Where Do SVP Customers’ Electric Bill Payments Go?

The City of Santa Clara monthly utility bill shows charges for several city services, including your electricity usage. Even though electric rates in Santa Clara remain the lowest in the state, rising costs require a rate increase of 2 percent in 2016, and many want to know why.

We wanted to ask customers about their understanding of our cost centers and how they might affect rates by choosing from the categories below. It’s helpful to know that we saved Santa Clara customers more than $100 million on their bills in 2014 compared to the rates paid in neighboring communities, where electricity customers pay up to 43 percent more for power.

See how you do in this quiz on where your electric bill payments go.

Which of the following expenses receives the most money from the bill payments made to SVP by customers?

  1. Salaries, Wages and Benefits
  2. Operations and Maintenance
  3. Maintaining Reasonable Profits
  4. The City of Santa Clara General Fund
  5. Purchased Power and Transmission


  1. Is not correct. In fact, expenses for salaries, wages and benefits for our employees actually used just 8 percent of the our overall budget in the fiscal year 2014-15 and have remained at 7-8 percent of the budget for several years.
  2. Is not correct. Operations and maintenance, which includes replacement of aging infrastructure, modernization of our electric substations, and transition upgrades to the modern smart grid, receive about 10 percent of the revenue collected by us.  Even though 10 percent doesn’t seem like a lot, it keeps our power reliability in the top 10 percent nationwide.
  3. Is not correct.  Zero profits are reasonable for your locally owned, not-for-profit public utility.  However you judge it, profits are neither a cost center nor a motivation for us.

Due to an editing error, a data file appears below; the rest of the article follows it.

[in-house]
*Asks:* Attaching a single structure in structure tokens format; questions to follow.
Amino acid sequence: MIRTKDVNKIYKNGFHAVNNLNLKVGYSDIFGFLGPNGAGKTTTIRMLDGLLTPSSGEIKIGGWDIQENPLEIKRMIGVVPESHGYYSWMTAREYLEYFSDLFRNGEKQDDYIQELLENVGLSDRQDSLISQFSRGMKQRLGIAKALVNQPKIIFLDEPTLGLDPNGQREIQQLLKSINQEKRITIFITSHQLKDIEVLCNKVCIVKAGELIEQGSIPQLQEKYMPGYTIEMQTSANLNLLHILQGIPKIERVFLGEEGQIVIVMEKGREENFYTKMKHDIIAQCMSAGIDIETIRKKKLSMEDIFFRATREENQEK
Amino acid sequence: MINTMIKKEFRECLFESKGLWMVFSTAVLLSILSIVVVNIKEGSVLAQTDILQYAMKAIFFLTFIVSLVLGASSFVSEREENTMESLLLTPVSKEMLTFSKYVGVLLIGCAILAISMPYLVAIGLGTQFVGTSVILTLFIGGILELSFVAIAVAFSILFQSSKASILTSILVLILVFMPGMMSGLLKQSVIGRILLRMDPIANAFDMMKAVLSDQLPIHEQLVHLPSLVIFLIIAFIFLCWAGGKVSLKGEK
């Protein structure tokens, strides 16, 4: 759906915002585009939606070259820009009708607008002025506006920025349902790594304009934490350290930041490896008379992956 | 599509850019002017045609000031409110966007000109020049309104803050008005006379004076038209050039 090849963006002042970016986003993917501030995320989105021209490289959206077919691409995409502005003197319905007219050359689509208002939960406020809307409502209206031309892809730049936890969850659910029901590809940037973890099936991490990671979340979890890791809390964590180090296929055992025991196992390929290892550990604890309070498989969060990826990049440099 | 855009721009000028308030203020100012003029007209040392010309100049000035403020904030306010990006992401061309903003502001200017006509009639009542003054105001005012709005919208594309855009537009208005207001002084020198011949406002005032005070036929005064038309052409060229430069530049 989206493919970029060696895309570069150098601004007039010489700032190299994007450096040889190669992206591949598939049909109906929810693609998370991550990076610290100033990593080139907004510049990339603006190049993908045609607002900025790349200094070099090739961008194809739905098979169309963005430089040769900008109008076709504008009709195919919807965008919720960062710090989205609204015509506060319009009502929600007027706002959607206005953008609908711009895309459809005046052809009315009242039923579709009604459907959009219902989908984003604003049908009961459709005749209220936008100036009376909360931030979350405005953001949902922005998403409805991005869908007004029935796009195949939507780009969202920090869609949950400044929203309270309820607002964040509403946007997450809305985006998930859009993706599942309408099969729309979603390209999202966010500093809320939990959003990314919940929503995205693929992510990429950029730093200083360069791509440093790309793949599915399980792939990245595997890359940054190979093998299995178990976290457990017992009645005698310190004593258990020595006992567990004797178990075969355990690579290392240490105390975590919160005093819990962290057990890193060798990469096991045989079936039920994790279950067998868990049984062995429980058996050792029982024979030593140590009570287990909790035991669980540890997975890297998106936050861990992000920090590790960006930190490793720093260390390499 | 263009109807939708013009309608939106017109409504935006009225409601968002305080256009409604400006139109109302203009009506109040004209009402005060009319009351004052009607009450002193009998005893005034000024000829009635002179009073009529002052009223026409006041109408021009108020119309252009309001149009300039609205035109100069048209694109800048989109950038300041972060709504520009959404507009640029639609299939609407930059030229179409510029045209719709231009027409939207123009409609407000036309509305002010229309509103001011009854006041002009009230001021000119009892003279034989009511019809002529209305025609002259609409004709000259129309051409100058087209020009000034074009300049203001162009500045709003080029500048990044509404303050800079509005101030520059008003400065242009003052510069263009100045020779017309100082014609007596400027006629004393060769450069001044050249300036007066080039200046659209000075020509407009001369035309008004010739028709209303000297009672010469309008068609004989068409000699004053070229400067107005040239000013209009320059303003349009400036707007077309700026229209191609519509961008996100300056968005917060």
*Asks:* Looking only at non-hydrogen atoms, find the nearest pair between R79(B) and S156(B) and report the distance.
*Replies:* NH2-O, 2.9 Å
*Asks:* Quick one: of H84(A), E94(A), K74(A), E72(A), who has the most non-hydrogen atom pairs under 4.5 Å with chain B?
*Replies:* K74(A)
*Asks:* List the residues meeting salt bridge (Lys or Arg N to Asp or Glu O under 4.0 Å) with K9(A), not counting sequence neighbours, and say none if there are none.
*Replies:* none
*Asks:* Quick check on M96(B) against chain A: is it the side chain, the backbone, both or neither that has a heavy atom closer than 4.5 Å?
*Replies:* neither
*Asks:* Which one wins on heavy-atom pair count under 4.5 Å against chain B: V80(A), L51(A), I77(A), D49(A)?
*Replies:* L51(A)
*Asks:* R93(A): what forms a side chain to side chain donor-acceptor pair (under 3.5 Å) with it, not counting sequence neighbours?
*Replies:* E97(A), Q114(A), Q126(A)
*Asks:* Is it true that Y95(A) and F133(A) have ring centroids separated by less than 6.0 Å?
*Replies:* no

4. Is not correct. The city’s General Fund supports the operations and services of the city and provides some services to us, but the city charter caps this amount at 5 percent of the revenue collected by SVP. This is instead of collecting a user tax from utility customers like most other cities do.
  5. Is correct. A whopping 71 percent of our budget goes for acquisition of the power used by our 53,000 residential, commercial and industrial customers in Santa Clara. Prior to the drought, purchased power ate up 64 percent of the budget in 2012. We own or contract for power from generating resources across the western U.S. such as geothermal in Sonoma and Lake Counties, wind turbines in California and Washington, solar from local and Kern County installations, hydroelectric in Northern California, local landfill gas and various other sources to assure that the city has the reliable power it needs at all times.

Even though the drought was one of the bigger drivers of increased cost recently, transmission costs associated with bringing the power to Santa Clara have tripled in the last five years and continue to go up.  Changes in the cost of purchased power and power transmission have the most impact on rates by far. Good decisions in this area have kept our rates low.dime_chart_ISC

A kilowatt hour (kWh) costs a bit more than a dime for most Silicon Valley Power customers. Here’s how the money from your electric bill payments is budgeted. The 5 percent of SVP revenue that goes to the City of Santa Clara general fund helps support City operations including police, fire, and library services.


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